Expert Reviews – Amber Mountain NP
Ariadne is a renowned African wildlife photographer whose work is featured in many well-known guidebooks and magazines.
Endemism galore in pristine rainforest
Amber Mountain National Park must rank as one of Madagascar’s most scenic parks. The pristine rainforest reaches 40m/131ft high into the sky and orchids, tree ferns and bird nest ferns are just some of the more iconic plants that caught my eye in this environment renowned for its floral diversity. I saw crowned and Sandford’s brown lemur, but it is the chameleons that steal the show here. I managed to see six species in a short walk along the Petit Circuit (small circuit) which is only a couple of kilometers long but takes in two beautiful waterfalls. My guide managed to spot two chameleons which were high on my wish list as they are endemic to Amber Mountain and can be found nowhere else in the world; the Amber Mountain chameleon and the tiny Amber Mountain leaf chameleon. The latter is the second smallest chameleon on earth and it fits comfortably on a fingertip.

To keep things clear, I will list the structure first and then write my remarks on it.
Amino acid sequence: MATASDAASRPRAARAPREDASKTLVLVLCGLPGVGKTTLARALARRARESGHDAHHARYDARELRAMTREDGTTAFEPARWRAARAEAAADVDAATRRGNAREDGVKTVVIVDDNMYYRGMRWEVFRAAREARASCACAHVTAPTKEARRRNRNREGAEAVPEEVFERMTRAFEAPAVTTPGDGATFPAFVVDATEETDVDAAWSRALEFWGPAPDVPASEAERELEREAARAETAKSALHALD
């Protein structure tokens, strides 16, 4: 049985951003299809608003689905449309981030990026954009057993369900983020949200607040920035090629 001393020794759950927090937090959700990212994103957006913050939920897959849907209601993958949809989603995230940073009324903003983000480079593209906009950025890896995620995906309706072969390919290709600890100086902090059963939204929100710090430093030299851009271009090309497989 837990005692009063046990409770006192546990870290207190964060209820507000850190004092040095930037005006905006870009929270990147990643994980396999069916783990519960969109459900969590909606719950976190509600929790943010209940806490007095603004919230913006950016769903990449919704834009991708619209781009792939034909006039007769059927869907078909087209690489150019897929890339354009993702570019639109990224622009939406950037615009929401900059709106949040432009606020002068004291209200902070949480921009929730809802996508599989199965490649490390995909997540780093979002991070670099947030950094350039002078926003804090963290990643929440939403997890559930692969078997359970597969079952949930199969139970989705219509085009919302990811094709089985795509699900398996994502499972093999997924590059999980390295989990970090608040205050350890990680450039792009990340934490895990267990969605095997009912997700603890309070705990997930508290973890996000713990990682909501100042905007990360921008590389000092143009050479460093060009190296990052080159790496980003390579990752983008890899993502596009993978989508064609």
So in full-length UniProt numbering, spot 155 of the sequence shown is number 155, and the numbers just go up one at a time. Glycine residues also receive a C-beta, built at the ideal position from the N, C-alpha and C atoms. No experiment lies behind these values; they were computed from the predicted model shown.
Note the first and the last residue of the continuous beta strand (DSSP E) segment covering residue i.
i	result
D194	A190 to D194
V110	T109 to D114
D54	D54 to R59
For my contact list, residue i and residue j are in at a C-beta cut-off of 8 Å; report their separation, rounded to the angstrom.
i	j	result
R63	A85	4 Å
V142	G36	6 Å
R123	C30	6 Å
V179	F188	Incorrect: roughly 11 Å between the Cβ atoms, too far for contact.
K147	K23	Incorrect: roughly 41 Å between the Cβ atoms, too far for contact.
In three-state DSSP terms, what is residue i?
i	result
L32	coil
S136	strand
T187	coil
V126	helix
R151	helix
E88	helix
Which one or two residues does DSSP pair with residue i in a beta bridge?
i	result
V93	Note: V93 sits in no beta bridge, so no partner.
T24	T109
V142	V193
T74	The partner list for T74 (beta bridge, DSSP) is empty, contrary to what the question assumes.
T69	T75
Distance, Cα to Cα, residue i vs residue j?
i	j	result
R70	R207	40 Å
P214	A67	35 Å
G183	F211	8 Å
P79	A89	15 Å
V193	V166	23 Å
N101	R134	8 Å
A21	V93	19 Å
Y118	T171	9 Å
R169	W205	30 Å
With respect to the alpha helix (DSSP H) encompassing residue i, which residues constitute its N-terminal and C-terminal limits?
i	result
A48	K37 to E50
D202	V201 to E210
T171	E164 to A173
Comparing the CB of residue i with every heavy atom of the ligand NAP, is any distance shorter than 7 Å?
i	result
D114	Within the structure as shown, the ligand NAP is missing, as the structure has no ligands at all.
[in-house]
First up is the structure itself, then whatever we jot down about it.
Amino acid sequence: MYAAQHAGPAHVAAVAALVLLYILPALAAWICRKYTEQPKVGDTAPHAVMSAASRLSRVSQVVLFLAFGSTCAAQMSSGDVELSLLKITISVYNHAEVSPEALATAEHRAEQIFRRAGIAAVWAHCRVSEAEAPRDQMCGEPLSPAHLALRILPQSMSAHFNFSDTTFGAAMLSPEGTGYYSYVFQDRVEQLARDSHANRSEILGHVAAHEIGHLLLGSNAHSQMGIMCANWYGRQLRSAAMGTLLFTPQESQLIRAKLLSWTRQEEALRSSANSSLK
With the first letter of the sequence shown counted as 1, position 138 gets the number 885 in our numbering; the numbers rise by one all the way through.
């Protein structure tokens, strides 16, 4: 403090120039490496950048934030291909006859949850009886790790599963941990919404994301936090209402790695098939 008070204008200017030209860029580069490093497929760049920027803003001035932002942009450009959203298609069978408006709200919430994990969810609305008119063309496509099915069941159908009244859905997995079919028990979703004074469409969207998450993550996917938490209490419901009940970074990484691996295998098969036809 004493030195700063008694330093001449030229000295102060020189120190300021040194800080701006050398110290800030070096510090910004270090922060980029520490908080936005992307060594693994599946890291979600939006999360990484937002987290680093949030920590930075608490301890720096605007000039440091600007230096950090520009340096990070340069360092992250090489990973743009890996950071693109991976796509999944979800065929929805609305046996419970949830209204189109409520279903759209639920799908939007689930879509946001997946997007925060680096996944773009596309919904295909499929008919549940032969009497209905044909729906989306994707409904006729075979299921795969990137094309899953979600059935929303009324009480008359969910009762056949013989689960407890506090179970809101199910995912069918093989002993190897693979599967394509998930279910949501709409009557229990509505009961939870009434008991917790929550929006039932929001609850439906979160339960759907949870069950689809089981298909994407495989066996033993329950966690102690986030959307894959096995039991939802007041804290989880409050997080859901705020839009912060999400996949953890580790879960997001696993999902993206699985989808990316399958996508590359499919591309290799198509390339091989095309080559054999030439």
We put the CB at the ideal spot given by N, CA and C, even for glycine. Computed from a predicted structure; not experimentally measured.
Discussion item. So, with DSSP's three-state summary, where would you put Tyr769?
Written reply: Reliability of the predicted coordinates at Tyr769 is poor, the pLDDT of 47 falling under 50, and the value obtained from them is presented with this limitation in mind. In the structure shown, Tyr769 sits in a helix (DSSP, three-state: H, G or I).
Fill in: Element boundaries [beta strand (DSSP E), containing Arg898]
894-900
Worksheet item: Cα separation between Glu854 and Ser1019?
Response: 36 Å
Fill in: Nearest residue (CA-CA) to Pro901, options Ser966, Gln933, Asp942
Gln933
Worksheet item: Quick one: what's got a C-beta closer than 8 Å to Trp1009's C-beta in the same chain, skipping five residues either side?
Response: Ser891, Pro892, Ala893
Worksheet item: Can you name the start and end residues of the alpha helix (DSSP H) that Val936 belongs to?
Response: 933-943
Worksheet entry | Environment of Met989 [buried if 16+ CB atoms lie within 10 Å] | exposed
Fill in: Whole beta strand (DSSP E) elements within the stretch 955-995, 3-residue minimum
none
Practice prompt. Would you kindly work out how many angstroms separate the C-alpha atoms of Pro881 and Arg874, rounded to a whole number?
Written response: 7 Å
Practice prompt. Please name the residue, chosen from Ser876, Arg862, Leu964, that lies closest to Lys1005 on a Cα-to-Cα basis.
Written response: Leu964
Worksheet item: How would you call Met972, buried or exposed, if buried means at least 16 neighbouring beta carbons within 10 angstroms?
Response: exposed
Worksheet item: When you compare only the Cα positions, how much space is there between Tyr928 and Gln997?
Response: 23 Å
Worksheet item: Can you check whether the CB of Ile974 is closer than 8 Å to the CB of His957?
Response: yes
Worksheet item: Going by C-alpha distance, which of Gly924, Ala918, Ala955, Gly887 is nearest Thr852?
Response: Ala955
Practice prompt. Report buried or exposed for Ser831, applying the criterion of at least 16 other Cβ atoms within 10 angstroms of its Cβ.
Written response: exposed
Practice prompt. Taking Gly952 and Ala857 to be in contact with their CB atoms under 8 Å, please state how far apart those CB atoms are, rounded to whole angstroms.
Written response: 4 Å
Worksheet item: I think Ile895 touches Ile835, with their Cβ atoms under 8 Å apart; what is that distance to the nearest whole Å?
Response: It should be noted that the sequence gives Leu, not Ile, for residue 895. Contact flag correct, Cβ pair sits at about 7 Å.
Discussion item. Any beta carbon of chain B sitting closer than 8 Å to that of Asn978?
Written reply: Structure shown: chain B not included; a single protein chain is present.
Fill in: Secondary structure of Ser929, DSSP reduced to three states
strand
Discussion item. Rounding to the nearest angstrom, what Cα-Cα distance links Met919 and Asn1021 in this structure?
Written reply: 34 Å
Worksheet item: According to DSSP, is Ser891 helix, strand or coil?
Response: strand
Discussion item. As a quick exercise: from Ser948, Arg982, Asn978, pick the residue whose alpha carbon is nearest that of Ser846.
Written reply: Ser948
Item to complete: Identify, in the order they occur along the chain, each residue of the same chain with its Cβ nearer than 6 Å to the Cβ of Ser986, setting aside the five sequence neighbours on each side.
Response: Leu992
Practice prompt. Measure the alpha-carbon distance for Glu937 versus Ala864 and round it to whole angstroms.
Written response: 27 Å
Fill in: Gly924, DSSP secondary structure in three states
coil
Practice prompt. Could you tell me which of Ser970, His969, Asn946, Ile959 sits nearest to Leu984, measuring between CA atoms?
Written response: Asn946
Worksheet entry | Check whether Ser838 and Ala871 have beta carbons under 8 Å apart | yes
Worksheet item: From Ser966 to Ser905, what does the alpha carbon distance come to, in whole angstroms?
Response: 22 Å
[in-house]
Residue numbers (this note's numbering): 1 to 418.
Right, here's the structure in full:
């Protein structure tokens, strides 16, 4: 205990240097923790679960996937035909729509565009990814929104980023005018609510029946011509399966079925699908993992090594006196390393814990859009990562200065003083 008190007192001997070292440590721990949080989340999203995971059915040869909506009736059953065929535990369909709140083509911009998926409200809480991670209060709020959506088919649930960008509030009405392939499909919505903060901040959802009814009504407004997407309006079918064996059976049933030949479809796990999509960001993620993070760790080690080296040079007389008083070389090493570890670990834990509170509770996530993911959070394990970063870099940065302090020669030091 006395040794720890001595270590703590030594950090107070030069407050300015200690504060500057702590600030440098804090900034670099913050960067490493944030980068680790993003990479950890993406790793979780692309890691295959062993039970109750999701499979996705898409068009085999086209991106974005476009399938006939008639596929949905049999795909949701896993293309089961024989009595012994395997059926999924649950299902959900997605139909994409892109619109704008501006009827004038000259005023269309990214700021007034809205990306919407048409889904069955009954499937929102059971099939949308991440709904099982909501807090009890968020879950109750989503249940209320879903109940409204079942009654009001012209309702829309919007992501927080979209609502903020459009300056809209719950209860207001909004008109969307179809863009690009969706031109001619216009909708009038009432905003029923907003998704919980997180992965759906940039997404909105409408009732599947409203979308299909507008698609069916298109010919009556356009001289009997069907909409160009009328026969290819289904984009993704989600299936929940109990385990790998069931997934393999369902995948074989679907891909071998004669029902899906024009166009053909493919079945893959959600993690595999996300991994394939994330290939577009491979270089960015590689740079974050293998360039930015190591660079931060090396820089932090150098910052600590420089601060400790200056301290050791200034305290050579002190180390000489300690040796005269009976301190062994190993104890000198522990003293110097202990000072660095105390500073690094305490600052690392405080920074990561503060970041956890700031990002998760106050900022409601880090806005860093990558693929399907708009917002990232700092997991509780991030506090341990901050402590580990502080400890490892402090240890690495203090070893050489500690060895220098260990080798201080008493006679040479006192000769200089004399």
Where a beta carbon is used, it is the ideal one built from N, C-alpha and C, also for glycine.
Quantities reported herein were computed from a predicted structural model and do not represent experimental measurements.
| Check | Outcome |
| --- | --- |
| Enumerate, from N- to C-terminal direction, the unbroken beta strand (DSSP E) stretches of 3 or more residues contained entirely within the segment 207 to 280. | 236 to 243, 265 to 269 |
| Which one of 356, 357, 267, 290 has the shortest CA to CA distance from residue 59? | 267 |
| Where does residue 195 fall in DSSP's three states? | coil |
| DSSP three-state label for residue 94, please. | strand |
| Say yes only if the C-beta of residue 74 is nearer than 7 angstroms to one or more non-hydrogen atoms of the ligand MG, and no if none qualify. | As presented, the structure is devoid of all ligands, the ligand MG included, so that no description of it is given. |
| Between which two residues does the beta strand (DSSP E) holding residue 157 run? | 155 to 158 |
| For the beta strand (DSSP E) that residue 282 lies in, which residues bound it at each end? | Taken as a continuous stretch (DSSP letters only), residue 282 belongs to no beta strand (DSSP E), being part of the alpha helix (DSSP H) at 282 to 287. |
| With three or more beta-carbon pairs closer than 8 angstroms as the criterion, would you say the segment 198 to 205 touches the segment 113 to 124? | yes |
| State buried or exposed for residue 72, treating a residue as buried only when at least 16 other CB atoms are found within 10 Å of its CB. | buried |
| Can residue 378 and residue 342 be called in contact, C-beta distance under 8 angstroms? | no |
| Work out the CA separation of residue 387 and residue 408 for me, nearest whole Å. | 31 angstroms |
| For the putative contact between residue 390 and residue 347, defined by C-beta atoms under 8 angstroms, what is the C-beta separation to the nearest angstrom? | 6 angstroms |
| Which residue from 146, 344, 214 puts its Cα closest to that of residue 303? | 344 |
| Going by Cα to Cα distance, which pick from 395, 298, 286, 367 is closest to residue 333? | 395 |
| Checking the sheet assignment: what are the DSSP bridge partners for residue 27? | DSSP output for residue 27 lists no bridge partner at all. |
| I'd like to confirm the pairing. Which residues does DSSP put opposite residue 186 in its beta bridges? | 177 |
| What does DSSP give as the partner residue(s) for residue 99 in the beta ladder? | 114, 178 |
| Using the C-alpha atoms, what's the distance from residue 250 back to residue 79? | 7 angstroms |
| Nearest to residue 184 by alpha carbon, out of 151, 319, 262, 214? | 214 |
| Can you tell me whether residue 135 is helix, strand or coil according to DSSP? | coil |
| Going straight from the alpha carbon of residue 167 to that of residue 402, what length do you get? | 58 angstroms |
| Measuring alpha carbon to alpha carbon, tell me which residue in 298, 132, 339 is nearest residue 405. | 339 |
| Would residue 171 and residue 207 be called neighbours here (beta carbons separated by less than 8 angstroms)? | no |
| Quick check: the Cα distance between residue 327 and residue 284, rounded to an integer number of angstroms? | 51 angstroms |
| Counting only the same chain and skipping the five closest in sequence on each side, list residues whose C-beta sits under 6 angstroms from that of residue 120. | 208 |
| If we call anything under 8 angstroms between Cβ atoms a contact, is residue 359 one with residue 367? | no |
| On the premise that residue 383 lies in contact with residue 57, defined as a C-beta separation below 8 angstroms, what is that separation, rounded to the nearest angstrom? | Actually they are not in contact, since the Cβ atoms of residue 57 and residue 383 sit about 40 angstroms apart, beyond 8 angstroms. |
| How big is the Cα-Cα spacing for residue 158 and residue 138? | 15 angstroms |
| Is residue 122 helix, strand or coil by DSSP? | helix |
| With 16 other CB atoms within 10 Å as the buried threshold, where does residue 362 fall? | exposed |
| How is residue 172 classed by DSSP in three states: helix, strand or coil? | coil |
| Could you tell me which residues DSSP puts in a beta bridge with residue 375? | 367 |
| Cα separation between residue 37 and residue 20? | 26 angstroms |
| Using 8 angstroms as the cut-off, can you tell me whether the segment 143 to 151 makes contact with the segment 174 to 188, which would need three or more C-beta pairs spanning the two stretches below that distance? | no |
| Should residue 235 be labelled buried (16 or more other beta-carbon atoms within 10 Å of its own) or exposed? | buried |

Philip is an acclaimed travel writer and author of many guidebooks, including the Bradt guides to Uganda, Tanzania, Kenya and South Africa.
Chameleons great and small
Madagascar’s most northerly national park protects the forested upper slopes of the 1,477m-high Montagne d'Ambre (Amber Mountain), a volcanic mountain named after an amber-like tree resin that supposedly has curative qualities. We hiked several of the short trails that run through the park, stopping to admire some of the scenic enclosed green crater lakes and small waterfalls that dot the mountain. Amber Mountain isn’t that great for lemurs – the only ones we saw were crowned lemur and Sanford’s brown lemur – but it is truly remarkable when it comes to chameleons. Among those we encountered were the blue-nosed Boettger's chameleon, large-headed Amber Mountain chameleon and centimetre-long Amber Mountain leaf chameleon (a leaf-litter dweller regarded to be the world’s smallest reptile until an even tinier species was discovered on Nosy Hara in 2005). It is also an excellent place to see leaf-tailed geckos, which are near invisible to predators active during the day and human eyes due to their mottled bark-like scaling and habit of resting motionless on a tree trunk with their body flattened. We were also fortunate enough to see the Amber Mountain rock thrush, a bird whose entire global population is confined to this one single forest block.